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Dealing with religious OCD
#1
Dealing with religious OCD
Hey guys!

I was wondering are there any fellow atheist here that suffered from religious/pihlosophical/Pure-O OCD? If so, how did you recover from that? I'm on the downward spiral for the past few weeks and looking for some tips that would let me function better. Religious upbringing and my neurotic nature make all of this really confusing and scary for me. Thanks in advance! Smile
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#2
RE: Dealing with religious OCD
Can you explain what you mean by religious OCD?
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#3
RE: Dealing with religious OCD
You should try Luvox and Buspar. Buspar theorotecically works for ocd with the ssri
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#4
RE: Dealing with religious OCD
You should not tell people what medications to try.

Hey, Jake. I have Pure-O, but not religious themes. I've had a few terrifying intrusive thoughts along those lines, but nothing I ruminate over. Still, it's all the same no matter the theme.
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#5
RE: Dealing with religious OCD
So this will be a little lengthySmile Some background on my struggle with OCD.

By the age of 19, I stared having some really troubling thoughts. In the beginning it was about my relationship and feelings to my ex-girlfriend, then I was really scared of being homosexual, then got really dark and intrusive thoughts about wanting to harm others/becoming serial killer or becoming pedophile. I was diagnosed with OCD. My disease really changed my life to worse. I couldn't function normally. I turned into religion. Told every single "bad" thing I did/tought to my parents, confessed all of my sins and started to really believe in hope to get better. I became really invested, even went to exorcist because I thought that I was possessed. There was always some doubt in the back of my head but the religion thing was kind of working short-term. I was trying to distance myself from everything non-Catholic (music, movies and stuff) in fear they will trigger me somehow to do some of these bad things (or that it was devil trying to get me). It was really hard time for me. I was feeling like hey, maybe it's not all bad (non-Catholic stuff), but also at the same time I was feeling that I should avoid it. (Avoidance is one of the OCD trait.) I was constantly watching preachers/sermons to reassure myself.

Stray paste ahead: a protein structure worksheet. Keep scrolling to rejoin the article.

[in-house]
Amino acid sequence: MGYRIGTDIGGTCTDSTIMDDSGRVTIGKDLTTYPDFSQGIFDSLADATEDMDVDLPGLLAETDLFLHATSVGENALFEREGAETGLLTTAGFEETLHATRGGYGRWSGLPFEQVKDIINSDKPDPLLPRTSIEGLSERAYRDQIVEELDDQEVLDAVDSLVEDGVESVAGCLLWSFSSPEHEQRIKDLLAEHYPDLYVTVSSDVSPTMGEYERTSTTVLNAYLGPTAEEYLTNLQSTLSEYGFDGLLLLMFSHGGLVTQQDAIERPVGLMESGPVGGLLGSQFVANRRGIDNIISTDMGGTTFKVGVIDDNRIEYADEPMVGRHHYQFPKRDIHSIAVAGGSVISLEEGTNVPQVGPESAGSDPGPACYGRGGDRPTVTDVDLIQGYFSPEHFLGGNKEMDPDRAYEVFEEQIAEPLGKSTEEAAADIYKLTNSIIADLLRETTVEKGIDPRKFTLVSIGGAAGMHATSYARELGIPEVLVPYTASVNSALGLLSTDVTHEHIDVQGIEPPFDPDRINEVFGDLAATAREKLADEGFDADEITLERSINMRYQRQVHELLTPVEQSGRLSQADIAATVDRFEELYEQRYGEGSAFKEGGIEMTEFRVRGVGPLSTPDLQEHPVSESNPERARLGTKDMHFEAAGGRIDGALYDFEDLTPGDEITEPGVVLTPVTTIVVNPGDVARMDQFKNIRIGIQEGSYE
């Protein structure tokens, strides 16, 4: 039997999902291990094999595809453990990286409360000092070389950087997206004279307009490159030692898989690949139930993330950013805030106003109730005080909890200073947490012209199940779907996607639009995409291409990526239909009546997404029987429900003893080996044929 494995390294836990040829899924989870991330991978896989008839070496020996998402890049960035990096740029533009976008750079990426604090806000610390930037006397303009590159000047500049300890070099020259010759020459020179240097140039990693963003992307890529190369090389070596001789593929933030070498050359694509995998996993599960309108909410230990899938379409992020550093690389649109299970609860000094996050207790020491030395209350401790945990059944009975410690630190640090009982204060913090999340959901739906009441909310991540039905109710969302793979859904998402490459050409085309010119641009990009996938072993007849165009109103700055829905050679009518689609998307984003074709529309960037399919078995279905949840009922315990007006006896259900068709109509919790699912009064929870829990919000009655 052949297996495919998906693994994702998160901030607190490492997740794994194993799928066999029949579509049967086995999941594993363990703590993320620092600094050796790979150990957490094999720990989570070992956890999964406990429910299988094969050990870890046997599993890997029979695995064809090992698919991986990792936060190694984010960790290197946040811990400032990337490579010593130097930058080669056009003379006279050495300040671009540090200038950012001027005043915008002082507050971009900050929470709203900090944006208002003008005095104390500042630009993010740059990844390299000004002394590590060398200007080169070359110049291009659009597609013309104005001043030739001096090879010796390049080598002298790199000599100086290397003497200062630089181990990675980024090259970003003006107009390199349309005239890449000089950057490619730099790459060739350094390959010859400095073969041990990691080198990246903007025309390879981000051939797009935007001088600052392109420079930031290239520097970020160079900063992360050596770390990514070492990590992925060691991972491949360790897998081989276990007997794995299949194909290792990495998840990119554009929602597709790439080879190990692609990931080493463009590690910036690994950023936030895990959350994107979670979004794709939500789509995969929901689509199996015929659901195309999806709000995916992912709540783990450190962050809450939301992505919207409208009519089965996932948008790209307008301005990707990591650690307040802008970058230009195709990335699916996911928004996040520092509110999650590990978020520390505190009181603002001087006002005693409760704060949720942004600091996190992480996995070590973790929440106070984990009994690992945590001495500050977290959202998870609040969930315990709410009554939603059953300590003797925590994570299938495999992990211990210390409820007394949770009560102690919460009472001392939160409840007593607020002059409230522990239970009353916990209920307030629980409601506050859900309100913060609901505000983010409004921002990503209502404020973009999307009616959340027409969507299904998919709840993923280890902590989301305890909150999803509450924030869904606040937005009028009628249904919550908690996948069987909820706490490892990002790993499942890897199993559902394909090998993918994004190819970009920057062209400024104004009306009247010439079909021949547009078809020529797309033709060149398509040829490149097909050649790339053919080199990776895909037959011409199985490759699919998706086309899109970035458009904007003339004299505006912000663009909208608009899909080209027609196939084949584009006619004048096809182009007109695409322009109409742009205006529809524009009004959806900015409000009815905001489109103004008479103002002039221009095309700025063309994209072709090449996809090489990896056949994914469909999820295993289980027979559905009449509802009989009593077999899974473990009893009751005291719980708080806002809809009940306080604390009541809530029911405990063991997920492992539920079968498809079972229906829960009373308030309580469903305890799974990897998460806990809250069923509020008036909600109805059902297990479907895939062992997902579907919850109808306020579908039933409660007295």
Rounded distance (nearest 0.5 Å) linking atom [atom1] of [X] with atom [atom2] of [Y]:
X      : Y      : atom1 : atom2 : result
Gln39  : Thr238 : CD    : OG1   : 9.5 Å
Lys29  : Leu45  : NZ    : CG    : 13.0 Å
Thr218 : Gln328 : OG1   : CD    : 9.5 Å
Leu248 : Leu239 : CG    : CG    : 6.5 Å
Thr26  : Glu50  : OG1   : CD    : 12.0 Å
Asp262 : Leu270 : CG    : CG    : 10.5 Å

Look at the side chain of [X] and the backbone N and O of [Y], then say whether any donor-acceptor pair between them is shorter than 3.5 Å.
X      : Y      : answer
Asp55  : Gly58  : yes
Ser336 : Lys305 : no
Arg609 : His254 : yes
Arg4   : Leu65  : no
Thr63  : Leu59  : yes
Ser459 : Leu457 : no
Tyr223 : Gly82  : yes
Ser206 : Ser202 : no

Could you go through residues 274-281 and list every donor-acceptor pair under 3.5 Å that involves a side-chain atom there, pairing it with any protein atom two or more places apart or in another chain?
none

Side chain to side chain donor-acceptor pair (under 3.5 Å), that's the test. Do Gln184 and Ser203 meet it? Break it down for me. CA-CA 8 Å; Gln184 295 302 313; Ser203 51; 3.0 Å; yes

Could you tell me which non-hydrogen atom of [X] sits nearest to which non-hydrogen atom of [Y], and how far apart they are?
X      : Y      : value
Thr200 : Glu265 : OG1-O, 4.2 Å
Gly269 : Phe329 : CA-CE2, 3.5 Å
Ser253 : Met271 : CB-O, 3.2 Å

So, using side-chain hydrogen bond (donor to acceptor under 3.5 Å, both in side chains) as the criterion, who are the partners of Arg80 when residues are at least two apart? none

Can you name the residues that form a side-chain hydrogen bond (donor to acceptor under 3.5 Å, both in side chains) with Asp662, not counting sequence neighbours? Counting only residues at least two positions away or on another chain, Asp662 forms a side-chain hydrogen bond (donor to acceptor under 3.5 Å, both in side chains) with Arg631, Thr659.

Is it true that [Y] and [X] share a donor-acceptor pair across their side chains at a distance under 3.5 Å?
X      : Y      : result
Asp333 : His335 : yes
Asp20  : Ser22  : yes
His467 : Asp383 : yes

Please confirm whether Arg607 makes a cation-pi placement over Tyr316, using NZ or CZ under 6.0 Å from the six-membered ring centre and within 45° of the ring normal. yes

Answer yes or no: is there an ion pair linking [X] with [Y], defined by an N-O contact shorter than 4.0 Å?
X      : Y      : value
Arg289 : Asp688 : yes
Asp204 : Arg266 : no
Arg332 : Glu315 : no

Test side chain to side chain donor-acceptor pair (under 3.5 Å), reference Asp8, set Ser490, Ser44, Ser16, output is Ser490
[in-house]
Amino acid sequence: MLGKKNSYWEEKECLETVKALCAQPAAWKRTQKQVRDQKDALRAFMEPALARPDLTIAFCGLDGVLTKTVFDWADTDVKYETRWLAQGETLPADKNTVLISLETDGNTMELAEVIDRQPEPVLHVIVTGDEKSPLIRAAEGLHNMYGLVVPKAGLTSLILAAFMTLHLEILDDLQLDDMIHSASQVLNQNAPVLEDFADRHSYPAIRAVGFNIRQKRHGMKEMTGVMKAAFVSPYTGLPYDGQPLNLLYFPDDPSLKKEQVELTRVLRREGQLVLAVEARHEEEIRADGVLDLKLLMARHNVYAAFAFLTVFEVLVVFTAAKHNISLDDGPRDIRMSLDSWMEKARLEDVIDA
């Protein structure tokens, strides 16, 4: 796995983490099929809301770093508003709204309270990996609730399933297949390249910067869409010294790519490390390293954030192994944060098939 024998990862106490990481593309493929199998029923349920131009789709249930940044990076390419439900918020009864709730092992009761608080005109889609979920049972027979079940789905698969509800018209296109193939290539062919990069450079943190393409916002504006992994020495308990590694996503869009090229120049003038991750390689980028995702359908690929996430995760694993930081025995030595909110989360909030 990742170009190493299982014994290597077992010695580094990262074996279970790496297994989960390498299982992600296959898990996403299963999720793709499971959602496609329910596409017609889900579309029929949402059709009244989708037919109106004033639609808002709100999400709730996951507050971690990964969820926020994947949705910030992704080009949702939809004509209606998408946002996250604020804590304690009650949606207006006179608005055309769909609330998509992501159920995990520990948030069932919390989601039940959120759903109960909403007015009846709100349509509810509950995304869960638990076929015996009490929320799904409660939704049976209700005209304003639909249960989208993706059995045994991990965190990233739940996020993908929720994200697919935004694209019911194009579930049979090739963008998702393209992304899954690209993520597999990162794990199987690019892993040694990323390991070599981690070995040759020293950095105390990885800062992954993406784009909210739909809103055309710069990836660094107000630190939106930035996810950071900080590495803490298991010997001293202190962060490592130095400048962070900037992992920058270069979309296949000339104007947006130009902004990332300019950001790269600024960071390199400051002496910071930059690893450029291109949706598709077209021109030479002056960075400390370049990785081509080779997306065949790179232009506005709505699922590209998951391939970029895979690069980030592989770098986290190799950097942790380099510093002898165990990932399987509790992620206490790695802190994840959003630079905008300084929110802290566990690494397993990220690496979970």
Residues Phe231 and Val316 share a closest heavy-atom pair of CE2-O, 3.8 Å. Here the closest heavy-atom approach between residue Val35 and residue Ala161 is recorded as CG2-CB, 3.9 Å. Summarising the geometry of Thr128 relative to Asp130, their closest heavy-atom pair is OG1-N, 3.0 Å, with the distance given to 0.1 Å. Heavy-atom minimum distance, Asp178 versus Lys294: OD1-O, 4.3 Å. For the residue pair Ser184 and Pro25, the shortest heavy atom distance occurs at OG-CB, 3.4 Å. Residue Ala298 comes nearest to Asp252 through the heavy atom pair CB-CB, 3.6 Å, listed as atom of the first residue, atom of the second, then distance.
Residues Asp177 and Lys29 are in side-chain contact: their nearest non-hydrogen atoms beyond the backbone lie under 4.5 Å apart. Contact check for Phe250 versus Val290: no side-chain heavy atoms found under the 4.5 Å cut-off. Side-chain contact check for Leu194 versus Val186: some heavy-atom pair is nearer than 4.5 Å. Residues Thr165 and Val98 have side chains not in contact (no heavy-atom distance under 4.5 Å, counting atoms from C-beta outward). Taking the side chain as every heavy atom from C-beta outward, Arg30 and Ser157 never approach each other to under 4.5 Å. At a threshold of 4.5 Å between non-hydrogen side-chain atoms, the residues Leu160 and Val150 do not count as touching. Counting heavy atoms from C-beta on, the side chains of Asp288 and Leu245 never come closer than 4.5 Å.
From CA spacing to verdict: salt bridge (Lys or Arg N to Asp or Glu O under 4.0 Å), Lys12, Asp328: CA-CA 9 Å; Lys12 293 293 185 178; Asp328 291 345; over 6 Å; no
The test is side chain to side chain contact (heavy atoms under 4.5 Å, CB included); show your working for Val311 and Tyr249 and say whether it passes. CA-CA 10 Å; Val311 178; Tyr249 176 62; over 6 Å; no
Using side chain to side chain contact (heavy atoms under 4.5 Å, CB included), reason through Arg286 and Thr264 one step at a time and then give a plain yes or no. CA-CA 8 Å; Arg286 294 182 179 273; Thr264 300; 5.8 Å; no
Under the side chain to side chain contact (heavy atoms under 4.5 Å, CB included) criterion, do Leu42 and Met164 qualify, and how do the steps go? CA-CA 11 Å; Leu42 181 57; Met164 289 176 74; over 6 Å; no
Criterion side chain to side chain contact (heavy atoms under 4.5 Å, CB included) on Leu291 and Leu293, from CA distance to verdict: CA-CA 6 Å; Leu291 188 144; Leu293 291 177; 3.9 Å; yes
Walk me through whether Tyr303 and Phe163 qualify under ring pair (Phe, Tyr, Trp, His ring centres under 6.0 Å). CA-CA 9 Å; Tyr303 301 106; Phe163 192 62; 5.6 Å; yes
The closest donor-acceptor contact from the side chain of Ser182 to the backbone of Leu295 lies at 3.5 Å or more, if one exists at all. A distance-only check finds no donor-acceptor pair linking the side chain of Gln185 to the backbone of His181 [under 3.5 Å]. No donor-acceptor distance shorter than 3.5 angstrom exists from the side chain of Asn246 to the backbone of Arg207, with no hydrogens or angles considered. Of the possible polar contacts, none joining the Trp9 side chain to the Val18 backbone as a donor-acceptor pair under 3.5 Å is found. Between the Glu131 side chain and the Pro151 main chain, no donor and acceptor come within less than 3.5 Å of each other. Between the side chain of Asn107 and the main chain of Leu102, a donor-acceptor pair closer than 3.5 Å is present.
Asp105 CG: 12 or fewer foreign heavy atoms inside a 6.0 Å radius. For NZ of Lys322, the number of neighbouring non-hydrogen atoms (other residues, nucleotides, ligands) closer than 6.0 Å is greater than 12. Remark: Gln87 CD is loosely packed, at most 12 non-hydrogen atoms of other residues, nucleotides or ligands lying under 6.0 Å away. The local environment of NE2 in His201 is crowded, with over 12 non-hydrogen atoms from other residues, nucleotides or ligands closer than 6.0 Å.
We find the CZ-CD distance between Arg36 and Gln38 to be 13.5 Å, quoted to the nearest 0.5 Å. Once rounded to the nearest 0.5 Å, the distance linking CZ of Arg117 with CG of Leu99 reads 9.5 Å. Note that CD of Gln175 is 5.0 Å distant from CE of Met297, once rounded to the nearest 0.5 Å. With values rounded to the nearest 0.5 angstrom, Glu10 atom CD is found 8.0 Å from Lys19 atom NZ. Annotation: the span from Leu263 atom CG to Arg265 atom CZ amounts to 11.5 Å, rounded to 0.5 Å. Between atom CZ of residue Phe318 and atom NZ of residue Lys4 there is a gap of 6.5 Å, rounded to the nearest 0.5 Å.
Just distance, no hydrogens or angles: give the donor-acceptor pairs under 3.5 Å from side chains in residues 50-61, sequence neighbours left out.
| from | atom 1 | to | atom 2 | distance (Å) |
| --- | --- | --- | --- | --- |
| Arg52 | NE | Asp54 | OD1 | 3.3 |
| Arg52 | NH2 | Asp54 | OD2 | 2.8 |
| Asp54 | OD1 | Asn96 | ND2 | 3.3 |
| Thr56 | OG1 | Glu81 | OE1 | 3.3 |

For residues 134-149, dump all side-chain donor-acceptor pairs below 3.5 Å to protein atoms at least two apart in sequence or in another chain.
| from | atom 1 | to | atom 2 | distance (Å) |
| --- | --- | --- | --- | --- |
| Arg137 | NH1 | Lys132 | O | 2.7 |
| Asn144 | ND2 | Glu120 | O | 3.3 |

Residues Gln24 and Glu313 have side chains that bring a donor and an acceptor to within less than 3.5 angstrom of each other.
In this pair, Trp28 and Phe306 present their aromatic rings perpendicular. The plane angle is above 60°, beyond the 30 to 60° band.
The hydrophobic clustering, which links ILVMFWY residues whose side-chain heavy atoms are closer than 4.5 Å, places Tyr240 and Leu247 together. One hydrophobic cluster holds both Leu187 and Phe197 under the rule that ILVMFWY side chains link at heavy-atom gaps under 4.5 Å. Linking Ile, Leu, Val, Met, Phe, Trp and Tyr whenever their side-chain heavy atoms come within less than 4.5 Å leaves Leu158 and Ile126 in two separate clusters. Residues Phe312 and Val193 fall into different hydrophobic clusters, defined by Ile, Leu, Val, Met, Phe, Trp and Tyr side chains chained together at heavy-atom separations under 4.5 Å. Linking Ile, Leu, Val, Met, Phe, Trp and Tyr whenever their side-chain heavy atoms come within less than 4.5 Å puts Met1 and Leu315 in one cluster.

After a year of dealing with OCD, I went to college and left my home. I was still dealing with OCD daily, was trying to avoid "bad" things, but most of the time I was playing video games to run away from the thoughts. At the same time I was still kind of religious, but my efforts weren't really effective in terms of helping me with OCD. One of my roommates was atheist and it was really bugging me (it was scary for me to imagine that he might be right - I was kind of thinking that it's God that standing between me and doing wrong things). I was questioning him (the roommate) all the time out of anxiety. This what is really hard for me. OCD is really tricky - it made you feel things that are contradictory to your views/morals. So my anxiety and doubts were not only my real doubts but also by-product of OCD - I was trying to be religious at the time. Around that time I started to go to therapy and taking medicine. My therapist helped me to look at my dark fears more rationally. I tried to look through that lens on my religion as well and after time, even though it was scary, I became to identify as atheist. I just wasn't trusting my thoughts and was only using logic and evidence.